In the very centre of Australia, at the top of a mountain is an enormous Cross that is the realisation of a decades-long dream of the local Aboriginal people of Ikuntji. Located near Haasts Bluff, 230kms west of Alice Springs, the 20m Cross made of core-ten steel stands atop Memory Mountain (Kurrkalnga Puli).
At Easter 2023, Harvest Journeys organised a group of supporters and donors, from various Christian traditions, to attend the opening of the Cross hosted by the local Indigenous community.
On Good Friday night the Cross was lit up to officially mark the launch. At dawn on Easter Sunday morning Fr Stephen Fletcher MGL, Moderator of the Missionaries of God’s Love celebrated the first Mass on the top of the mountain, surrounded by the magnificent vista of a special and sacred country.
Ken Duncan, the renowned Australian landscape photographer established the Walk A While Foundation in 2010 to help the Indigenous people of central Australia tell their stories using their creative gifts and to equip them to engage in employment opportunities. This led to the funding and building of the Forgiveness Cross, a project spearheaded by the local elders and traditional land-owners.
The traditional owners have appointed Harvest Journeys as the official pilgrimage tour operator to help fulfil their dream of many people from all over Australia and beyond, visiting Memory Mountain.
A 20-metre-tall solar-lit cross on top of a remote sacred mountain in central Australia has officially opened as a tourist attraction, with locals hoping it could soon join the bucket-list of must-see locations.
Bringing faith, culture, and social enterprise together, the giant cross sits atop Memory Mountain near Haasts Bluff, 230km west of Alice Springs and is a new Australian icon of unity and hope.
Fr Stephen Fletcher MGL was a member of the delegation and celebrated the first Mass on Memory Mountain. Fr Steve has spent many years working with Indigenous peoples Darwin, the Northern Territory and far North Queensland. He reflects upon the significance of celebrating the Easter liturgies at this special place:
“At sunrise on Memory Mountain the Cross of Forgiveness came into full view amidst the rugged beauty of Ikuntji Country. I was reminded of the words of an Aboriginal pastor in our group James Dargin sharing that unity and transformation starts in the heart. The experience of the rising sun over the Cross amidst this rugged beauty of Country was made possible by the vision, determination and large-hearted welcome of the traditional owners. It was a welcome to all people to gather around the cross in their Country. As I gazed on Jesus lifted up in the Eucharist on Memory Mountain, the wide-open Country of this First Nation peoples came into view in the morning sun reflecting the heart of the risen Christ abounding in love and mercy drawing all to Himself.”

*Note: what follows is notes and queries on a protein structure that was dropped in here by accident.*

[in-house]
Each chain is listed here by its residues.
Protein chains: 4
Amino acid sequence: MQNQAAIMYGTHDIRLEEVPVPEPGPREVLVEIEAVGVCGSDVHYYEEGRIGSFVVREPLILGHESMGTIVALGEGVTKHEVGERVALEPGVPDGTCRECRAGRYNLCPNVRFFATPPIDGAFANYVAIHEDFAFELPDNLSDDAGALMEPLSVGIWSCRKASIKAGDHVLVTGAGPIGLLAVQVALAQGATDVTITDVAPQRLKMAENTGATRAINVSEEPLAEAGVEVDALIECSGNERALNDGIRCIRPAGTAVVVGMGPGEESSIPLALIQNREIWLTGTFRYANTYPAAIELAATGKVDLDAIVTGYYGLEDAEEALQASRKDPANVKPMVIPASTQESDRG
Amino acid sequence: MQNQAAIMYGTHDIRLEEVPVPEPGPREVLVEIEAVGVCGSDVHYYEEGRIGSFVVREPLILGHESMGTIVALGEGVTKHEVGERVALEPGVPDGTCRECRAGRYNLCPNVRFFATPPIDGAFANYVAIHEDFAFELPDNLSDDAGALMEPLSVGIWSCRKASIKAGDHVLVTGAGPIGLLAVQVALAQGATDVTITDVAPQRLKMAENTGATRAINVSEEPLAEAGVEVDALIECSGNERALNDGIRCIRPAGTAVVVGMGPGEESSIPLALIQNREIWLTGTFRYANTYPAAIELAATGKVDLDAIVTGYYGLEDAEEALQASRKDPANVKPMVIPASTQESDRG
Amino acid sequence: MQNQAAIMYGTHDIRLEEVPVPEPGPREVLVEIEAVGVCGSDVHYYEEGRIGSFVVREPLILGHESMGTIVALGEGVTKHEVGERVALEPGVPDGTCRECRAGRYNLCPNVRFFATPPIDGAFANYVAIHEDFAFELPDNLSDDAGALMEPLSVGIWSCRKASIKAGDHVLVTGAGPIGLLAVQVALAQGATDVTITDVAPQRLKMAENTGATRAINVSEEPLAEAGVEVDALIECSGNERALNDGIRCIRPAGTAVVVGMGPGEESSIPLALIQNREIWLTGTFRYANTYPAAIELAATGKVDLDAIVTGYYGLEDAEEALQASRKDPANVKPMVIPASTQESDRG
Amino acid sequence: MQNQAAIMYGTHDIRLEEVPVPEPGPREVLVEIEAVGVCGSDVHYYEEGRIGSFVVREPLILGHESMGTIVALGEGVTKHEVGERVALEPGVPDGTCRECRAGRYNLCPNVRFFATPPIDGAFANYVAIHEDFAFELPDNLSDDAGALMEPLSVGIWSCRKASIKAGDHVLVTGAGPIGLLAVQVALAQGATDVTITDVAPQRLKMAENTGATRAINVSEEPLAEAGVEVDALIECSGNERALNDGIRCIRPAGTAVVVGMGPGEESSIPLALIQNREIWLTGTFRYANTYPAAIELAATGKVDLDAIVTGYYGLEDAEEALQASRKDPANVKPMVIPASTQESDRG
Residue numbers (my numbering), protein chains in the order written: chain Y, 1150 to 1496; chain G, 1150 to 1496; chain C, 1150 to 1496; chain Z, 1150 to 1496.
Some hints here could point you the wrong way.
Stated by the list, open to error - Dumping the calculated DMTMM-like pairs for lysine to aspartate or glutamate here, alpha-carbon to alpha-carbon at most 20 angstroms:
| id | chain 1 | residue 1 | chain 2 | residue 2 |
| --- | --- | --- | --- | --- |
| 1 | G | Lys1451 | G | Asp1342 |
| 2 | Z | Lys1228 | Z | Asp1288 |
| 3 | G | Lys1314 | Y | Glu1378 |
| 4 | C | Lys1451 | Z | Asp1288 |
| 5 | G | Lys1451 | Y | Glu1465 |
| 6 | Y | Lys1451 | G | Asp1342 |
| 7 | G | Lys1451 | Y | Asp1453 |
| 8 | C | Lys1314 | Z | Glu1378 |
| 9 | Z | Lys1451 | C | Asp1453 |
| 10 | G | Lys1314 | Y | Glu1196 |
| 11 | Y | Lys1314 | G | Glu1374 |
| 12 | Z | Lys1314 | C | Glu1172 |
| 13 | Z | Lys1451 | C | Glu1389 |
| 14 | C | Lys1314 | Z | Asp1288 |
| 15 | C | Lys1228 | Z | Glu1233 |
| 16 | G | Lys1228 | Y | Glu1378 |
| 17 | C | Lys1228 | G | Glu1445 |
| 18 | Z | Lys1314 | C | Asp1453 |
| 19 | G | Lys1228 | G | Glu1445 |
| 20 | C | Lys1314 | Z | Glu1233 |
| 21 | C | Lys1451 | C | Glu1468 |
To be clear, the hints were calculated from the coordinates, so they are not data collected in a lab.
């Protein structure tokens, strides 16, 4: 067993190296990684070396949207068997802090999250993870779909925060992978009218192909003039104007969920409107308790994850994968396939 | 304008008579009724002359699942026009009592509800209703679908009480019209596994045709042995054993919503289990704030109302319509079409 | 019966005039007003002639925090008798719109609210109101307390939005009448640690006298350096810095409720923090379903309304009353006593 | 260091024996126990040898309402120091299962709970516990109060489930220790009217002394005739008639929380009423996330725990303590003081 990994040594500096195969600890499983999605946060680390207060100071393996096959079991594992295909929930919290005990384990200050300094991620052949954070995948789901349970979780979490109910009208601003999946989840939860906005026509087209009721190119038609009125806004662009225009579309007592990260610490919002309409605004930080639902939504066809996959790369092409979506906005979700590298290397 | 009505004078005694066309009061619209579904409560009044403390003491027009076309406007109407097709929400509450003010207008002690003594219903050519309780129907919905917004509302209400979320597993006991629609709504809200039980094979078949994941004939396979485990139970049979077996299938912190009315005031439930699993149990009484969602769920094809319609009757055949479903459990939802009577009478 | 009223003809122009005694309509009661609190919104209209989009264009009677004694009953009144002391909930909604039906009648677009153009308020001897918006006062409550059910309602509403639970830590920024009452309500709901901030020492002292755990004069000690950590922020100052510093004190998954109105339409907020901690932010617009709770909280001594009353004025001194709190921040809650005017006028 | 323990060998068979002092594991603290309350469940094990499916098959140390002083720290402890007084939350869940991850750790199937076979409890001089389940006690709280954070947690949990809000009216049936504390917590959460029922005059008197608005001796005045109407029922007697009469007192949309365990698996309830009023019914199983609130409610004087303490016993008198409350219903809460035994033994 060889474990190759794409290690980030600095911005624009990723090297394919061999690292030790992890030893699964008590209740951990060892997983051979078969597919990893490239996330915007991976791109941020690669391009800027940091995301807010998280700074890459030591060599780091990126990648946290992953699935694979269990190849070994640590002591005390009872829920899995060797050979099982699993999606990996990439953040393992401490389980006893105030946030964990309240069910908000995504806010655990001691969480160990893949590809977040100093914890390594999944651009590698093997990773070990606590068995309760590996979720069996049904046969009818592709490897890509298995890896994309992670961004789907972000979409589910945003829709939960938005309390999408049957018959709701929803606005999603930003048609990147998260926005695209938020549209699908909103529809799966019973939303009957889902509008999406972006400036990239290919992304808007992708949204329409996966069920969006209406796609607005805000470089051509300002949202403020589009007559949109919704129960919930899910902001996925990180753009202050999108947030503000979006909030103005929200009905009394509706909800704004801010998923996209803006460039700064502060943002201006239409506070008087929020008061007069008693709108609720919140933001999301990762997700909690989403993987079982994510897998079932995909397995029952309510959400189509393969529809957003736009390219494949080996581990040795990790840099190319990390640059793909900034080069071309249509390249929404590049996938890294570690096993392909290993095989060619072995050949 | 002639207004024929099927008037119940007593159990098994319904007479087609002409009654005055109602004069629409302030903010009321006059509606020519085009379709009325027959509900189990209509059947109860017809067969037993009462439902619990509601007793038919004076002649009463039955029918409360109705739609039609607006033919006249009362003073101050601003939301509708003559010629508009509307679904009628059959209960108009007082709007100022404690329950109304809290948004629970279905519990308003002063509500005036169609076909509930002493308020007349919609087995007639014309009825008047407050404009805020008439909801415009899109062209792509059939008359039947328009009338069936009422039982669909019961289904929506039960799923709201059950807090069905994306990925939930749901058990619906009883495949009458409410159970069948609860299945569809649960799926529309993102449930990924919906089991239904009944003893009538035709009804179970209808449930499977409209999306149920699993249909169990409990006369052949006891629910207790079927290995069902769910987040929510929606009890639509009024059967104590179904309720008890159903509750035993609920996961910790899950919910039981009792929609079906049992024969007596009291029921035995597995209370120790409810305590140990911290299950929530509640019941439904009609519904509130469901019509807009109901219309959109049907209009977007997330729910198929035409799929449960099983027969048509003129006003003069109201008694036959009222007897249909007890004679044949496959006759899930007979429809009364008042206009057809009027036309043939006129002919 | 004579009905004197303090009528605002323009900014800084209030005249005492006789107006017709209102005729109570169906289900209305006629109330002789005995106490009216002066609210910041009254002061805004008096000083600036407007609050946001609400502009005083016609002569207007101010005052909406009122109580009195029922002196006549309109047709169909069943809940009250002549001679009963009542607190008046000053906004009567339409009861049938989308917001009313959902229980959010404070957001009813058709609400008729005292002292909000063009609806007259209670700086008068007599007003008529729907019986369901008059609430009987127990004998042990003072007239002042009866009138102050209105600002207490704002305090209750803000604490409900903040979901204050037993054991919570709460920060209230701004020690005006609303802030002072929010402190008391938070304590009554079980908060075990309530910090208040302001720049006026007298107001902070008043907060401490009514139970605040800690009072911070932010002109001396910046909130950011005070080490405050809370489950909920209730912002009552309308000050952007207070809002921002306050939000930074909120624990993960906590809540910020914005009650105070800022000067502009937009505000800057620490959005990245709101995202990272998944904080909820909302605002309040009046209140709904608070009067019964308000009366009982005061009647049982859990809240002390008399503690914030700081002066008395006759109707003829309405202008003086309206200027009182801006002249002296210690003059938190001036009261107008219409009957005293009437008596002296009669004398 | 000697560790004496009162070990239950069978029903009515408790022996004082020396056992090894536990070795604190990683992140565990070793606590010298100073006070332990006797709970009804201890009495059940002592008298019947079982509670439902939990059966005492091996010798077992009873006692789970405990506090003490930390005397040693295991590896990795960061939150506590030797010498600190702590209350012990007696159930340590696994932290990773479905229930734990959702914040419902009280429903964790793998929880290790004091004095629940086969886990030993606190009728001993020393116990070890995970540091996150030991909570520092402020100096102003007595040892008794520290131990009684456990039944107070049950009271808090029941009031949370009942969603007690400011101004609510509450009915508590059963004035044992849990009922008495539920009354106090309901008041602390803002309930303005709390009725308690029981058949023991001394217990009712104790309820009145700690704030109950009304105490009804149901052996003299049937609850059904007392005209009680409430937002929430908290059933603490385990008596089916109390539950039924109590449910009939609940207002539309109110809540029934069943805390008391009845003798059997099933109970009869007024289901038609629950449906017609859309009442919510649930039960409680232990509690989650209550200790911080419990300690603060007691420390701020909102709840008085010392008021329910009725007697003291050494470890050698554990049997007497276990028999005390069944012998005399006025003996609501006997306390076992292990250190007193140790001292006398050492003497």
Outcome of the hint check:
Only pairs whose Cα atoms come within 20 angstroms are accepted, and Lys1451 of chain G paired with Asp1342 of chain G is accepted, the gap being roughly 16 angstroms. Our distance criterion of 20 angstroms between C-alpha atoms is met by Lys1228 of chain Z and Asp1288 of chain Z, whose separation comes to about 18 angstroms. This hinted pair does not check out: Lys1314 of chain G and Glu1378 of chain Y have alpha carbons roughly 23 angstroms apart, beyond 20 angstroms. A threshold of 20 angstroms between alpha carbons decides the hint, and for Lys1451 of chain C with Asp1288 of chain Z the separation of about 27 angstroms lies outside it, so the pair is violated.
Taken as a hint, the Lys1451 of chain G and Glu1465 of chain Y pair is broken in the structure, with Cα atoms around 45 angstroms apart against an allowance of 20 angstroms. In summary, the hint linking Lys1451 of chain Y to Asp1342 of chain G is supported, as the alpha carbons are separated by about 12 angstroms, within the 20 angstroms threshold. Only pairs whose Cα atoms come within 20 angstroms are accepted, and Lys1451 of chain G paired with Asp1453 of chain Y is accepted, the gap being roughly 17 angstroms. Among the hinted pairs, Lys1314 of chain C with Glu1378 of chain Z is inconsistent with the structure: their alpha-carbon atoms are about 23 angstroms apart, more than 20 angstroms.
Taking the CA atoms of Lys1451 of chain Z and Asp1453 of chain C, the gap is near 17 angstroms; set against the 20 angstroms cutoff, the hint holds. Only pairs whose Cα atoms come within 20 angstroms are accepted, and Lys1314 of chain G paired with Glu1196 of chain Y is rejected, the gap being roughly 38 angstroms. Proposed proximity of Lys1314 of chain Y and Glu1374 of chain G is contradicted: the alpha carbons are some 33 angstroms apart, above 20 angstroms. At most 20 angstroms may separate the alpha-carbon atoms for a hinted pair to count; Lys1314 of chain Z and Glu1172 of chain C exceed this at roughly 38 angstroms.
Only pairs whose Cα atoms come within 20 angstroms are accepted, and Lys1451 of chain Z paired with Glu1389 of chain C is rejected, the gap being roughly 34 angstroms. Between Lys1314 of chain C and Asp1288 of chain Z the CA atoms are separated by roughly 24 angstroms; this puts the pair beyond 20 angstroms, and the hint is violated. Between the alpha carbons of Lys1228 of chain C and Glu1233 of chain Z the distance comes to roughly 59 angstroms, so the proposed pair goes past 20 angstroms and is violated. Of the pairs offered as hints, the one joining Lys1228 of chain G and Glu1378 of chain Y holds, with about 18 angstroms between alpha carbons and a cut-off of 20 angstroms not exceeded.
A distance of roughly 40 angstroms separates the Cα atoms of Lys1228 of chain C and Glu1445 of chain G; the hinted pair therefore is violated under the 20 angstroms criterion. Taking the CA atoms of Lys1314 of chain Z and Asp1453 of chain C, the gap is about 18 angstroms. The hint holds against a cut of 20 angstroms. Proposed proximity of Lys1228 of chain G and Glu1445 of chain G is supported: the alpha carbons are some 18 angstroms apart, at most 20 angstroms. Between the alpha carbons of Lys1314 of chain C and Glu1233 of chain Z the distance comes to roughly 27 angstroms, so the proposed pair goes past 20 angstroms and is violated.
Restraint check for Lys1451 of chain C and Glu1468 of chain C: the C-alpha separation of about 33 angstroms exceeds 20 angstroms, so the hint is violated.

Ray Martin, television journalist and five-time Gold Logie winner, was present for the launch of the Cross and emceed the opening ceremony on Friday evening. Proud of his Aboriginal heritage from the Kamilaroi Nation near Gunnedah in NSW, Ray has supported the local people in their dream to build the Cross. Asked the significance of the name given by the local people “The Forgiveness Cross”, Ray said:
“I don’t really know what forgiveness means… but I was talking to one of the elders, Douglas and he told me he thought it was a place where people might come if they’ve got troubles in their own lives, with their families, or work or with friends or just with life. To come and sit below the Cross and chill out for a little while and maybe get your head together. This beautiful country allows you to do this.
To have something like the Cross out here for people to come out not just to see the Cross, but to come to the art galleries and meet the people. This is a beautiful community of people… It’s important for white fellas to meet black fellas.”
Douglas Multa, local Aboriginal elder and traditional owner, welcomed the visitors by saying in English and his local language:
“Welcome to my country. It’s good that you come here. It’s been a long journey for the Cross. We’ve had lots of support from good hearted people, that put in money for this Cross. I want to thank all of you. Thank you!”
“That place was chosen by the old fella. My uncle, Nebo Jugadai. He had a vision way back then, way back, for this special place here. It is a good opportunity for young people, bringing opportunities like jobs, proper wages. We don’t have to rely on Government no more.”
Selina Hasham, CEO of Harvest Journeys is committed to providing the means for people all around Australia to visit Memory Mountain, witness the Cross and encounter the local community. Though the site is remote, it has been incorporated into a Red Centre Pilgrimage from Alice Springs to Uluru. She attended the opening and was moved by the power of the place:
“This Cross rising up out of the red earth of the very centre of our vast and beautiful country seems like God’s timing and God’s design. While Australians are deliberating over the Uluru Statement from the Heart and The Voice, the Aboriginal people of Ikuntji have realised a decades long dream, a vision of their elders for the Cross of Jesus on their Country.
The Forgiveness Cross is a cry in the desert, a cry erupting from the wilderness heart and soul of our land, from the lips of our Aboriginal brothers and sisters. A cry we can’t ignore. It is time to listen to the people and to the land, and the message of this mysterious and beautiful symbol that now stands at the heart of Australia.
I believe this will become a significant place of pilgrimage for all Australians in the years to come.”